Standard 7 - Instructional Planning Knowledge:

  • Theories and research that form the basis of curriculum development and instructional practice.
  • Scope and sequences of general and special curricula.
  • National, state or provincial, and local curricula standards.
  • Technology for planning and managing the teaching and learning environment.
  • Roles and responsibilities of the paraeducator related to instruction, intervention, and direct service.


  • Identify and prioritize areas of the general curriculum and accommodations.
  • Develop and implement comprehensive, longitudinal individualized programs in collaboration with team members.
  • Involve the individual and family in setting instructional goals and monitoring progress.
  • Use functional assessments to develop intervention plans.
  • Use task analysis.
  • Sequence, implement, and evaluate individualized learning objectives.
  • Integrate affective, social, and life skills with academic curricula.
  • Develop and select instructional content, resources, and strategies that respond to cultural, linguistic, and gender differences.
  • Incorporate and implement instructional and assistive technology into the educational program.
  • Prepare lesson plans.
  • Prepare and organize materials to implement daily lesson plans.
  • Use instructional time effectively.
  • Make responsive adjustments to instruction based on continual observations.
  • Prepare individuals to exhibit self-enhancing behavior in response to societal attitudes and actions.

Standard 8 - Assessment Knowledge:

  • Basic terminology used in assessment.
  • Legal provisions and ethical principles regarding assessment of individuals.
  • Screening, prereferral, referral, and classification procedures.
  • Use and limitations of assessment instruments.
  • National, state or provincial, and local accommodations and modifications.


  • Gather relevant background information.
  • Administer nonbiased formal and informal assessments.
  • Use technology to conduct assessments.
  • Develop or modify individualized assessment strategies.
  • Interpret information from formal and informal assessments.
  • Use assessment information in making eligibility, program, and placement decisions for individuals with exceptional learning needs, including those from culturally and/or linguistically diverse backgrounds.
  • Report assessment results to all stakeholders using effective communication skills.
  • Evaluate instruction and monitor progress of individuals.
  • Develop or modify individualized assessment strategies.
  • Create and maintain records.

Standard 9 - Professional and Ethical Practice Knowledge:

  • Personal cultural biases and differences that affect one's teaching.
  • Importance of the teacher serving as a model for individuals with
  • exceptional learning needs.
  • Continuum of lifelong professional development.
  • Methods to remain current regarding research-validated practice.


  • Practice within the CEC Code of Ethics and other standards of the profession.
  • Uphold high standards of competence and integrity and exercise sound judgment in the practice of the profession.
  • Act ethically in advocating for appropriate services.
  • Conduct professional activities in compliance with applicable laws and policies.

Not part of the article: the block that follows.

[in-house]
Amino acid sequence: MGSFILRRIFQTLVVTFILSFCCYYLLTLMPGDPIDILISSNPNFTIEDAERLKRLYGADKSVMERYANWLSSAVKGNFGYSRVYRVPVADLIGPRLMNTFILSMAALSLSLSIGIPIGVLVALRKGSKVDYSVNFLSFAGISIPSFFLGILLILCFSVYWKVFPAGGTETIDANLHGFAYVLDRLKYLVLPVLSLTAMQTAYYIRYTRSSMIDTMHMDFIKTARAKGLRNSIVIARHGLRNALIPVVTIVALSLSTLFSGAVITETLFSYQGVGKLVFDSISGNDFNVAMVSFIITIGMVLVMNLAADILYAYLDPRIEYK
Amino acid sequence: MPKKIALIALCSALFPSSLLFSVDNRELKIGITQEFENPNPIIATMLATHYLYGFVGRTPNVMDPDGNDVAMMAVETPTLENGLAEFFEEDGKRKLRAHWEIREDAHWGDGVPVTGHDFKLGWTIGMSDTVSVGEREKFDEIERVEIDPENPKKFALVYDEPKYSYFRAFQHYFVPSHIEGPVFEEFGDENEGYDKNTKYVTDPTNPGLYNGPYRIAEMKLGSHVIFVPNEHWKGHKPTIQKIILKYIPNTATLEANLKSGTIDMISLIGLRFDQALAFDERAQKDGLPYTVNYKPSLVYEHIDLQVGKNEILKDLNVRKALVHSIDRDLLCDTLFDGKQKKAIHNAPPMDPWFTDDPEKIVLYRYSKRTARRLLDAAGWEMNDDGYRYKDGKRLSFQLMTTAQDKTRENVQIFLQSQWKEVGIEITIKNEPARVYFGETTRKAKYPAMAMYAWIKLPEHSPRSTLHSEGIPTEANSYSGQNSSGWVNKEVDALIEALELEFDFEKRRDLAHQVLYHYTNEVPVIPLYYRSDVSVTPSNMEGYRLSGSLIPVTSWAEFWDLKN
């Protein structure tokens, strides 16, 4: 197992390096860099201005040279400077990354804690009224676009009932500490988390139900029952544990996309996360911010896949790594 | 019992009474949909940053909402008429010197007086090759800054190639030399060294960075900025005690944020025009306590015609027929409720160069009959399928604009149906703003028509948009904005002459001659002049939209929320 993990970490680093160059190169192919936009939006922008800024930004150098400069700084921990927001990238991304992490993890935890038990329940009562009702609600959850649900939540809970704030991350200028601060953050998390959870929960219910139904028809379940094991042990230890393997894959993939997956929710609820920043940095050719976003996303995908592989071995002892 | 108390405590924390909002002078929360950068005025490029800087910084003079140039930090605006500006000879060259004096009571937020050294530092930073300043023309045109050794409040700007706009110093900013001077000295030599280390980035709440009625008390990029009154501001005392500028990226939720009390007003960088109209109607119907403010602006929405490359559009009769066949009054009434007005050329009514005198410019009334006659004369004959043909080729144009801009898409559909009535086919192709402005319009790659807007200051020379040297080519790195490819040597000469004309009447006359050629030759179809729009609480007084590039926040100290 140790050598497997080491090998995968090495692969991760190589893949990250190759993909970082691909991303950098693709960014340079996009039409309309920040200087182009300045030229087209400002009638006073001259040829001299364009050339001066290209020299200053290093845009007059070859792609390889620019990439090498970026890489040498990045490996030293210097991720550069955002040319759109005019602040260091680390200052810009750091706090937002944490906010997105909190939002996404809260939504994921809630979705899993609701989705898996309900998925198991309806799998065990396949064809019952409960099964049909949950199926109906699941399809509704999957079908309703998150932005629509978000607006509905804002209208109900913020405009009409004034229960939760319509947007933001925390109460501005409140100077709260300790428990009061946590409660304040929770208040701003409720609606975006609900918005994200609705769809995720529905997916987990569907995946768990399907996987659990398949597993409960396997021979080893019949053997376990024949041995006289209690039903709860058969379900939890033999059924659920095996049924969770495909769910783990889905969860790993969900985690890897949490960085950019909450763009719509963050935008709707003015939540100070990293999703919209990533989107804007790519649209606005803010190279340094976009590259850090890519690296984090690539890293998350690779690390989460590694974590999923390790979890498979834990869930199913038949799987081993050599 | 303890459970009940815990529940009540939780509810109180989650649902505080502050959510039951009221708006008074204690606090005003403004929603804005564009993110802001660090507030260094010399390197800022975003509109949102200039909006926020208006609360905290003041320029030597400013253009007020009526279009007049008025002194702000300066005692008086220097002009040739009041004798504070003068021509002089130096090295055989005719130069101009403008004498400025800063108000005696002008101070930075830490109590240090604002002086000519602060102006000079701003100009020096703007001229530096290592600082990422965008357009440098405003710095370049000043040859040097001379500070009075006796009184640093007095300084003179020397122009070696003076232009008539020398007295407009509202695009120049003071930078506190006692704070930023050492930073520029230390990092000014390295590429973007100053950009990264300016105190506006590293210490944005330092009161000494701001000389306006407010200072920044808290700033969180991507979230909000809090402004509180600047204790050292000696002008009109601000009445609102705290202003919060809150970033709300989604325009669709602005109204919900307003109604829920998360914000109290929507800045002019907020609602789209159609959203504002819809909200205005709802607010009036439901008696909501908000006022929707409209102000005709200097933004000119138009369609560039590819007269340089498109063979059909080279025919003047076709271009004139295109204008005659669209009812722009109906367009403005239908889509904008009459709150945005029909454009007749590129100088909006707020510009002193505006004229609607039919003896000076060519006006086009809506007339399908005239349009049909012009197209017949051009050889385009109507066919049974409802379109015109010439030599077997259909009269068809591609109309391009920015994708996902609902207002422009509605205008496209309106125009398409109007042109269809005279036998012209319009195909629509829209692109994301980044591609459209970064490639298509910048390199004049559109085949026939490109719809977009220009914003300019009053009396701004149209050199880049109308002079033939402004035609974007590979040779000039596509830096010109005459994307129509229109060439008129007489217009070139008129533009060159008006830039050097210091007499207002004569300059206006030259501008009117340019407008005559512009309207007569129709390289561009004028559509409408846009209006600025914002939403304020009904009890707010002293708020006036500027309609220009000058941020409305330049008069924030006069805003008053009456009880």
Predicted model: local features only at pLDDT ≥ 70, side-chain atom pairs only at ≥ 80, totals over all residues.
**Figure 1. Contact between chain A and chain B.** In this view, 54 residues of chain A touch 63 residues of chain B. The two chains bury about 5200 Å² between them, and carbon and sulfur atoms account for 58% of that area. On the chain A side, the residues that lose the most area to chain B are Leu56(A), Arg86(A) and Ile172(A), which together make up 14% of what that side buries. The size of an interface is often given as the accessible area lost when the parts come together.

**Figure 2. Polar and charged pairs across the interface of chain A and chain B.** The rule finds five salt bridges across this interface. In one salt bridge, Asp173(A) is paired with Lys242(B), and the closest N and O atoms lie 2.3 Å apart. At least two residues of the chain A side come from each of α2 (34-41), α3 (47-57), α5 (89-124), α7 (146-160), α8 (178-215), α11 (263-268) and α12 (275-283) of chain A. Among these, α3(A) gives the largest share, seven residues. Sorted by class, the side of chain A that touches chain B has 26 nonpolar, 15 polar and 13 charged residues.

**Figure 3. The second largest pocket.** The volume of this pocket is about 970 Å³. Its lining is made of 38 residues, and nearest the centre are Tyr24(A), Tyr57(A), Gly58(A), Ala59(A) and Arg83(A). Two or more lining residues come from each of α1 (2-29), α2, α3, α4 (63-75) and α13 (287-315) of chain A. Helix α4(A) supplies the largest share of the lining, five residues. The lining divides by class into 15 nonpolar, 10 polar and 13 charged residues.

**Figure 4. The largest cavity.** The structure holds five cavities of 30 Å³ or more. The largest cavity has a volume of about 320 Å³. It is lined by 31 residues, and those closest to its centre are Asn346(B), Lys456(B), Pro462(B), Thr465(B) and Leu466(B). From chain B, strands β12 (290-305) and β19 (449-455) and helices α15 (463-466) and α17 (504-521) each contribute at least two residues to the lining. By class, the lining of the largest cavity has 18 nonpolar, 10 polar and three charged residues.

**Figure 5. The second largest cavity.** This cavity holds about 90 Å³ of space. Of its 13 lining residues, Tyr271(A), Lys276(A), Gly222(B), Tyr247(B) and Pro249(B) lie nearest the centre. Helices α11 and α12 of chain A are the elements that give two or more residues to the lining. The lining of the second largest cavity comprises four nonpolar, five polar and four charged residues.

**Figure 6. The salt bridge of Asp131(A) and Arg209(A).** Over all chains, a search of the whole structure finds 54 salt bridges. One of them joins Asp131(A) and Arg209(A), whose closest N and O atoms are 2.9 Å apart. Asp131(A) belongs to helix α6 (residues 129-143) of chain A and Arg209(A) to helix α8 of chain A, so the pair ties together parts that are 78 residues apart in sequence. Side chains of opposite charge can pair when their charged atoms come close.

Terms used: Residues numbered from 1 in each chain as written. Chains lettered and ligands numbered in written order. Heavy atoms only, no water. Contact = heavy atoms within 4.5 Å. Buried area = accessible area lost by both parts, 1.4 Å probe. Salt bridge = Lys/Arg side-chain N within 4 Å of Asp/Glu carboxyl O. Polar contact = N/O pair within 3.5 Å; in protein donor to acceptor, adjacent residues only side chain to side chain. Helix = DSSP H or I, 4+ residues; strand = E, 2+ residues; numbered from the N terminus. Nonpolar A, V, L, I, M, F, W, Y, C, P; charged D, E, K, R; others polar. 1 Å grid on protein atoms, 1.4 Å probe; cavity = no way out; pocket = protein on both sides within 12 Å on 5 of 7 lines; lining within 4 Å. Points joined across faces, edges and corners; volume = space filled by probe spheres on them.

• Demonstrate commitment to developing the highest education and quality-of-life potential of individuals.
  • Demonstrate sensitivity for the culture, language, religion, gender, disability, socio-economic status, and sexual orientation of individuals.
  • Practice within one's skill limit and obtain assistance as needed.
  • Use verbal, nonverbal, and written language effectively.
  • Conduct self-evaluation of instruction.
  • Access information on exceptionalities.
  • Reflect on one's practice to improve instruction and guide professional growth.
  • Engage in professional activities that benefit individuals with learning needs, their families, and one's colleagues.

Standard 10 - Collaboration Knowledge:

  • Models and strategies of consultation and collaboration.
  • Roles of individuals with learning needs, families, and school and community personnel in planning of an individualized program.
  • Concerns of families of individuals with learning needs and strategies to help address these concerns.
  • Culturally responsive factors that promote effective communication and collaboration with individuals with learning needs, families, school personnel, and community members.


  • Maintain confidential communication about individuals.
  • Collaborate with families and others in assessment of individuals.
  • Foster respectful and beneficial relationships between families and professionals.
  • Assist individuals and their families in becoming active participants in the educational team.
  • Plan and conduct collaborative conferences with individuals and their families.
  • Collaborate with school personnel and community members into various settings.
  • Use group problem solving skills to develop, implement and evaluate collaborative activities.
  • Model techniques and coach others in the use of instructional methods and accommodations.
  • Communicate with school personnel about the characteristics and needs of individuals.
  • Communicate effectively with families of individuals from diverse backgrounds.
  • Observe, evaluate and provide feedback to paraeducators.


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Last modified: March, 2007